As the race rolled on, casualties were studded all down the route: suspension systems and human bones snapped with equal facility against the rocks, and one driver—reeling away from a smashup in the cactus—suffered a sandy version of nitrogen narcosis, the "rapture of the deep," dazed and babbling incoherently about desert goblins. A motorcyclist, clambering out from beneath his upside-down machine, discovered he had a broken foot but, finding that the bike would still roll, got back on and headed for his checkpoint at the top of a nearby-mesa. He came thundering up, neatly if groggily, then overshot the area, slammed on all brakes and rolled it end over end far into the dunes.

Parnelli blew into the fourth checkpoint, Rancho Santa Ynez, fully 10 minutes ahead of his schedule. Santa Ynez is one of the grace points of the Baja: a quiet green oasis amid the prickly boojum trees of the peninsula's midsection. Dogs doze in the sunny plaza and chickens squabble under their roost, the chassis of a devasted Baja Bug left behind during a long-forgotten race. There is beer in Santa Ynez, beaded bottles of Tecate that chill the palm and reward the howling throats of contestants and spectators alike. There is food at Santa Ynez, heaping plates of freshly cooked enchiladas, retried beans, tortillas that are as warm and soft as a Mexican lady's smile. And there is Se√±ora Josefina Zuniga. Clad in black, her hair bunned behind her, she walked in beauty like the night—replete with a serene gold-toothed smile—to the pit area when Parnelli screamed in. And she stood there awaiting the chance to do honors to the folk hero.

"No front brakes!" P.J. yelled to his pit crew.

"Looks good to me," said a mechanic after a quick check under the front axle.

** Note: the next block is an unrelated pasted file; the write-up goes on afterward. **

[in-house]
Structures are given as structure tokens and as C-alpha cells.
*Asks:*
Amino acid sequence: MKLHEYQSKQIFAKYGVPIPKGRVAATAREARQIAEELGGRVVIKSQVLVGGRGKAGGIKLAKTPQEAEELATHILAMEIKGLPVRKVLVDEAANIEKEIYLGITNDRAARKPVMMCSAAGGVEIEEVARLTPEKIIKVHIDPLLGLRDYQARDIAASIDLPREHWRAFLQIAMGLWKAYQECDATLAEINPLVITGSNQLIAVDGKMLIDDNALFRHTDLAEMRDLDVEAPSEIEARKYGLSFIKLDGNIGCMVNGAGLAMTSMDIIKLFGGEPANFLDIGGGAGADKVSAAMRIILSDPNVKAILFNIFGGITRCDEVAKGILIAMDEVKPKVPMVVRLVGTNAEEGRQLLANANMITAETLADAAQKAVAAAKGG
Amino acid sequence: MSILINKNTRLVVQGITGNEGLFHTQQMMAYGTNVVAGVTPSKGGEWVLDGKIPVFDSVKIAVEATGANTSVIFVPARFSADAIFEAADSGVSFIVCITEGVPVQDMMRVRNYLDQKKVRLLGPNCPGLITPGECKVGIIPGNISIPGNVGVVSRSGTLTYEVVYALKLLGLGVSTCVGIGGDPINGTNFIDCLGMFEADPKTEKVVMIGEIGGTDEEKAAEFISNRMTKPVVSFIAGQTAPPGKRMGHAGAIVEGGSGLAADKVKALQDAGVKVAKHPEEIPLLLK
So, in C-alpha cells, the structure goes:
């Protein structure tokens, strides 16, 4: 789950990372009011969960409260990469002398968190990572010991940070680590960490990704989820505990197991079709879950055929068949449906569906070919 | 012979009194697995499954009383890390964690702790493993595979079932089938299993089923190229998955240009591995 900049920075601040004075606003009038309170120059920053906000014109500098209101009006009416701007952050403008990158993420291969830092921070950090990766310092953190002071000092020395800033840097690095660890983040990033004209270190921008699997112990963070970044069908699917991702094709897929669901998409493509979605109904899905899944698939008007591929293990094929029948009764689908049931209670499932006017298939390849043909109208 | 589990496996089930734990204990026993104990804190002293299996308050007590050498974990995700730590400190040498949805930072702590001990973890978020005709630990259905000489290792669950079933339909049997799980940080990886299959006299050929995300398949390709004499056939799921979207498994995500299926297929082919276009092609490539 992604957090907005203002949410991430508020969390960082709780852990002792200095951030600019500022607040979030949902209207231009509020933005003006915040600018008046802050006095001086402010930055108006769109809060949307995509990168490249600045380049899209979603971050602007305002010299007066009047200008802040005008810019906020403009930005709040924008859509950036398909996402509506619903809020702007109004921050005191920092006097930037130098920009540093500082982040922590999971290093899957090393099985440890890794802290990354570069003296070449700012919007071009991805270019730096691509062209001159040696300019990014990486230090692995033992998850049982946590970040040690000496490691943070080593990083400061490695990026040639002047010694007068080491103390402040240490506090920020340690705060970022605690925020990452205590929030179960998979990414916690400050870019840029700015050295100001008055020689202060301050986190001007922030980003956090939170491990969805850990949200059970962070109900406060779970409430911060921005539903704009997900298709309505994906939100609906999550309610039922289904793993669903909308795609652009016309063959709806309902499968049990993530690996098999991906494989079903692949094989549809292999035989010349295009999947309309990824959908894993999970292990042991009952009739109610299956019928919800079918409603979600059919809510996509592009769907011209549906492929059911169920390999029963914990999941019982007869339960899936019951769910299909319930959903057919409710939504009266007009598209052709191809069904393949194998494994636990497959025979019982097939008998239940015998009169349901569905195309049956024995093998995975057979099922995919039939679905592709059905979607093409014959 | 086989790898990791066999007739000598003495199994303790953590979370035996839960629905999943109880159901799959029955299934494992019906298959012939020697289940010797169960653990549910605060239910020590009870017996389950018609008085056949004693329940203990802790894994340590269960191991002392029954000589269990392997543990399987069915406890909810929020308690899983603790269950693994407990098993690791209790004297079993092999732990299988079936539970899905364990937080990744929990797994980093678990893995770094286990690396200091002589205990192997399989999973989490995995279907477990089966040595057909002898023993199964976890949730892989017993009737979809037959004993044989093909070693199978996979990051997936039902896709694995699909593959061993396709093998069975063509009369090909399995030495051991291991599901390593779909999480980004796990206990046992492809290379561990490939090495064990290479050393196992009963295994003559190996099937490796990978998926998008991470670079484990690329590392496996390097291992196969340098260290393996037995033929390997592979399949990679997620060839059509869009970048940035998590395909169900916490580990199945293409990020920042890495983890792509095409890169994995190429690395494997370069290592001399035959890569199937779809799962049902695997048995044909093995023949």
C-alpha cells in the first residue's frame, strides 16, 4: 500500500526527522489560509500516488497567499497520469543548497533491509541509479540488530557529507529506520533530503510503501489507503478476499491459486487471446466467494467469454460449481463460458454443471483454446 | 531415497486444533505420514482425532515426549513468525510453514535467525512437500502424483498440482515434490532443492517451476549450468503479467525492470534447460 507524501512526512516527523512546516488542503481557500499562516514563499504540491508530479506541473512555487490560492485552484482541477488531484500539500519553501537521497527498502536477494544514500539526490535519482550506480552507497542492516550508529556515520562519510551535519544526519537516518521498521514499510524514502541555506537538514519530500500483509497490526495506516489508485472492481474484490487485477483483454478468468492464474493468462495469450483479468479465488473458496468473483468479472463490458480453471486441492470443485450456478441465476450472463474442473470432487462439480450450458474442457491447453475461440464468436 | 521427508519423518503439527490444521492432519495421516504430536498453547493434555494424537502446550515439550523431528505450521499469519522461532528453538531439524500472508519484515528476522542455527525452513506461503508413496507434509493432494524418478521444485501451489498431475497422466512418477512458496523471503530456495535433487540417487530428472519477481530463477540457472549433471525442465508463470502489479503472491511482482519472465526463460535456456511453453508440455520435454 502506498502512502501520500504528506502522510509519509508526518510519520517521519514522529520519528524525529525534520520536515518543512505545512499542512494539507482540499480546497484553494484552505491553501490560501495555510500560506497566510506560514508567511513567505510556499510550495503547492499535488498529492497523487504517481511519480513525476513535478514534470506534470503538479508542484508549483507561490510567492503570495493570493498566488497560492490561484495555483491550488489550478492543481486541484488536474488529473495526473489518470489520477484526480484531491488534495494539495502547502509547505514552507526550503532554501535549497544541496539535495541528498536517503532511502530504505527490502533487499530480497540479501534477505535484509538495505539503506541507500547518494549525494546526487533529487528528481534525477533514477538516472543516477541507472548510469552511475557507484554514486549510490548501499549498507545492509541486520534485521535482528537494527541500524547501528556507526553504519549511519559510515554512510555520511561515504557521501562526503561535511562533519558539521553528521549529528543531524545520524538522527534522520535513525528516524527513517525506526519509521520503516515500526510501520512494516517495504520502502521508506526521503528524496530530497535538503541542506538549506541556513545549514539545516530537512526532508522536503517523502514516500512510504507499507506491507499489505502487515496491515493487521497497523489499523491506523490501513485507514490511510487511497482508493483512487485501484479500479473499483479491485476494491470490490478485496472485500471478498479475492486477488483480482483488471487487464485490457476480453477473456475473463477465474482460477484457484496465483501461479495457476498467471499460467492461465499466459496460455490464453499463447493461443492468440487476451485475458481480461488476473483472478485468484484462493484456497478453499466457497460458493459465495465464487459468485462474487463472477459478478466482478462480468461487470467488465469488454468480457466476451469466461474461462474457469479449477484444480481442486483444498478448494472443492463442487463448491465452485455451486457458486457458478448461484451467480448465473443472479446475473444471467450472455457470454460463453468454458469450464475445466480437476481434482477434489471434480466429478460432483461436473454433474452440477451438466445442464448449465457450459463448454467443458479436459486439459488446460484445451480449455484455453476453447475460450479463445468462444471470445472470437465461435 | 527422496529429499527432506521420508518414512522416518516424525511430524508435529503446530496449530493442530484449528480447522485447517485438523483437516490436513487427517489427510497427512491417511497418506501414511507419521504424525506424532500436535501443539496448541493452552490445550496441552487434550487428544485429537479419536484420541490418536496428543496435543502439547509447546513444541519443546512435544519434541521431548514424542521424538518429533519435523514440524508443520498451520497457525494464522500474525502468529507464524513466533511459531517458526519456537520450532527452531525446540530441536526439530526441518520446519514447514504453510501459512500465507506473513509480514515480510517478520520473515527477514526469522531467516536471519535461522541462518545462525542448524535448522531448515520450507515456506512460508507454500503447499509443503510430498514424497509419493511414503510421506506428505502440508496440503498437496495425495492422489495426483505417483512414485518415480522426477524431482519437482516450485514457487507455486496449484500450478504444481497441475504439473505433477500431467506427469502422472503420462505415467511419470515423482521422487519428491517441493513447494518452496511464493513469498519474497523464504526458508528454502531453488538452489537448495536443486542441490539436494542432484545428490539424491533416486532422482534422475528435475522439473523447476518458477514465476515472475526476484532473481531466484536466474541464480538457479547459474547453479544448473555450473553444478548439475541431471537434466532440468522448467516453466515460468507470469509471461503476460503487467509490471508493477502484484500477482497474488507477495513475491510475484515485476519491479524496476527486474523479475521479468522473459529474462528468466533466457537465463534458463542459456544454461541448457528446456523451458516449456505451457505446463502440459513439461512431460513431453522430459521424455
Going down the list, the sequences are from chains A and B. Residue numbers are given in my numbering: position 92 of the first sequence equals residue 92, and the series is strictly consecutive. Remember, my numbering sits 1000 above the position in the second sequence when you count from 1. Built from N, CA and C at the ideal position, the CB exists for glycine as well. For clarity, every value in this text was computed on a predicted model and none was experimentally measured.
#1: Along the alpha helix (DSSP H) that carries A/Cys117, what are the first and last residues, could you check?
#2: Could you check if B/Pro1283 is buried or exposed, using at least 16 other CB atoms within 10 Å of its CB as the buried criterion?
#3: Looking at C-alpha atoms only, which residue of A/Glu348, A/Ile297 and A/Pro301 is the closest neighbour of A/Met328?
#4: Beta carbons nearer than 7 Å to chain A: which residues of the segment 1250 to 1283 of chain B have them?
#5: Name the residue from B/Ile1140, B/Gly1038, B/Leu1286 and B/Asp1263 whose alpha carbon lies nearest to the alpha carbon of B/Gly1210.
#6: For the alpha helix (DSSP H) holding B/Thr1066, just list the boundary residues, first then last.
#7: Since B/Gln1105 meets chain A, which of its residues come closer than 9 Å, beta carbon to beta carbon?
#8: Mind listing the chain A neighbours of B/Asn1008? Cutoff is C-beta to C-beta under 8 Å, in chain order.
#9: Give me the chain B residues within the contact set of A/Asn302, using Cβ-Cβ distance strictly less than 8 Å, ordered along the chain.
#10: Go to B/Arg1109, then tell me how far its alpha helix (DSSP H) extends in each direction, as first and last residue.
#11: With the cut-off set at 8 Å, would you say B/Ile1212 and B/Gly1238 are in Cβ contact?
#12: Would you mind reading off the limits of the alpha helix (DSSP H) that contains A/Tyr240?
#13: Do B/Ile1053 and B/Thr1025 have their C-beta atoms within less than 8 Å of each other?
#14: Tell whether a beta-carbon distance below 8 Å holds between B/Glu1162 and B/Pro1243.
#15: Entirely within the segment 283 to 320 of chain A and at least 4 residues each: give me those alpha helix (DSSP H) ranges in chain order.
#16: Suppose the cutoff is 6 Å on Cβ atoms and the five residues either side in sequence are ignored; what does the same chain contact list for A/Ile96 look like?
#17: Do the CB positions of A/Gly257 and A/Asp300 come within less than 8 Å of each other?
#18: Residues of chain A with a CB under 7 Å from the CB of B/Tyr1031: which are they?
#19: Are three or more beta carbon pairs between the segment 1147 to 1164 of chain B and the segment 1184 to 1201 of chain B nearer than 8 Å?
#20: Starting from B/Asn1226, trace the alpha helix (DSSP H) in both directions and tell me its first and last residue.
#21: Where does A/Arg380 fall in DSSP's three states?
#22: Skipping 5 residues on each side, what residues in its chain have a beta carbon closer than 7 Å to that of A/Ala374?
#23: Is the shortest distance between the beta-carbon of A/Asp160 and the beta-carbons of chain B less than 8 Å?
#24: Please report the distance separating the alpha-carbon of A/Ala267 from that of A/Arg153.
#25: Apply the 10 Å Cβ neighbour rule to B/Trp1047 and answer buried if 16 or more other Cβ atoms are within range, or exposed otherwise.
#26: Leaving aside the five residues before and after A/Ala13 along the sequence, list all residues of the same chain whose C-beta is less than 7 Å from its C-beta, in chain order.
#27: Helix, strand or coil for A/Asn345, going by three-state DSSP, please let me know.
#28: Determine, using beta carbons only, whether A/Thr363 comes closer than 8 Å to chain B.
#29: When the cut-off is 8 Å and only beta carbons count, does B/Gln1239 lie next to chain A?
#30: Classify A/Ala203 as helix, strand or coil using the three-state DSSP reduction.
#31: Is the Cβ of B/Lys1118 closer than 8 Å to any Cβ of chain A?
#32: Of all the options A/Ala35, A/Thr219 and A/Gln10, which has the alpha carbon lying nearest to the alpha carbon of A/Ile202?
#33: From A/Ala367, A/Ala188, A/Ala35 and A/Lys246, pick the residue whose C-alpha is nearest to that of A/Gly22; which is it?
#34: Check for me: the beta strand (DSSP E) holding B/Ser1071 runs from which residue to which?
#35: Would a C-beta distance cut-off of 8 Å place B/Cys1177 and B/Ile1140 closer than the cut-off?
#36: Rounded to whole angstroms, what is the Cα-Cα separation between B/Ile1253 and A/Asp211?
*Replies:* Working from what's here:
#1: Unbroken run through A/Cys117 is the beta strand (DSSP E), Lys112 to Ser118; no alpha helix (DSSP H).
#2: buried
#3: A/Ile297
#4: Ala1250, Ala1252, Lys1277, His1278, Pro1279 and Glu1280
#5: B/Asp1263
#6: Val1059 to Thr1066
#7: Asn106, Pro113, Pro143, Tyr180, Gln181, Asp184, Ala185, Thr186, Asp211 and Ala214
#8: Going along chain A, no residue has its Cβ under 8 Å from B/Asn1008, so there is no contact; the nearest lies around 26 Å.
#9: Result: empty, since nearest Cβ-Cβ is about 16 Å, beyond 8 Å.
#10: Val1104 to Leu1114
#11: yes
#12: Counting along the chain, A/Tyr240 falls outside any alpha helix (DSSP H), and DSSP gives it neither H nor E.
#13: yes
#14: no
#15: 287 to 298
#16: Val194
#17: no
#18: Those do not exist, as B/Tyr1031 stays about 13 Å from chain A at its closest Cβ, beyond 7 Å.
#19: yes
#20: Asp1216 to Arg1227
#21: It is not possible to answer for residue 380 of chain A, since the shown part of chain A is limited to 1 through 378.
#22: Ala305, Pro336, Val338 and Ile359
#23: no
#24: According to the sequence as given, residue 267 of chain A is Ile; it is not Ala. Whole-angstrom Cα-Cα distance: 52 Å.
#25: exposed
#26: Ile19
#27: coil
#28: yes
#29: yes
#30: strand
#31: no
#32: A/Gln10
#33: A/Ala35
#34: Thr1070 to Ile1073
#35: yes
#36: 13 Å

"Well, fix it," said Parnelli, unwilling to tolerate any mechanical nonsense. "It ain't foolin'."

Se√±ora Josefina sensed her moment. She approached the Bronco with the poise and proud bearing of a woman long ago acquainted with masculine peccadilloes: perhaps the burro has died, maybe the rifle misfired, of course it has failed to rain for a year or two; a woman walks with trust. She kissed Parnelli's leathery, sand-blasted cheek with the same reverence she might have offered years ago to the gilded toenails of a religious statue—con mucho gusto. Then she retreated, slowly and with dignity.

"There's a little leak on the right front," said the mechanic.

"Well, let's plug that little leak," growled Parnelli. They plugged it up, and smartly.

"Good now," said the mechanic.

Parnelli looked around—the tires had been changed, the gas tank filled, Se√±ora Josefina satisfied. Perhaps he disregarded the thatched roofs, the pigeons playing tag in the halves of tire cases dangling from the roof beams, old tire cases painted a shocking purple to match the desert sunset; certainly he failed to see the goat sleeping in the dust behind the cantina and the tents of the campers . spread so brightly in the riverbed behind the rancho. But his racer's eyes did not miss the fact that this was the main chance.

"Fire up," he said. The engine let loose a tremendous roar that spooked the dogs and the goat from their somnolence, and Parnelli dug out of Santa Ynez trailing a 10-yard spume of dirt.

Bobby Ferro limped in a few minutes later. It had been bouldersville all down the line. His skid plate was gone, ripped off by the fangs of the Baja. His brakes were shot, victims of the same bite. His gearshift would not work, and he tried to fix it with that magnificent nostrum of racing, gray tape, winding yards and yards around the housing. Sure cure for cancer, they say. "Somebody threw a firecracker at the car back up the road there," he said, "and it blew up in my lap. Not that this race ain't tough enough anyway."

So that was the end of Bobby Ferro. He forged ahead, as a true Baja racer must, but he failed to finish. Parnelli seemed to be home free. That night at the midway point of the race, a dusty, dying mining town called El Arco, Big Oly roared in and out in mere seconds, disappearing down the road to La Paz with an angry blast. Parnelli's headlights lit the town church like a postcard. The dust of his passage reddened in the glare of cook fires built from dead cactus roots and those who were not racing—the observers, spotters, officials—settled down to their strange suppers. Beer, Scotch, Fig Newtons, Kahlua, a culinary delight called "Baja Mix"—the enlightened combination of canned beans and corned-beef hash—rendered all the more tasty by that grand sauce, hunger, and the absence of real sustenance. But all the racers had to eat was dust, starlight and a nightful of air that registered only 38° Fahrenheit on the thermometer. For dessert there were coyote yowls and a few owl hoots, if one could taste them above the sound of the engine.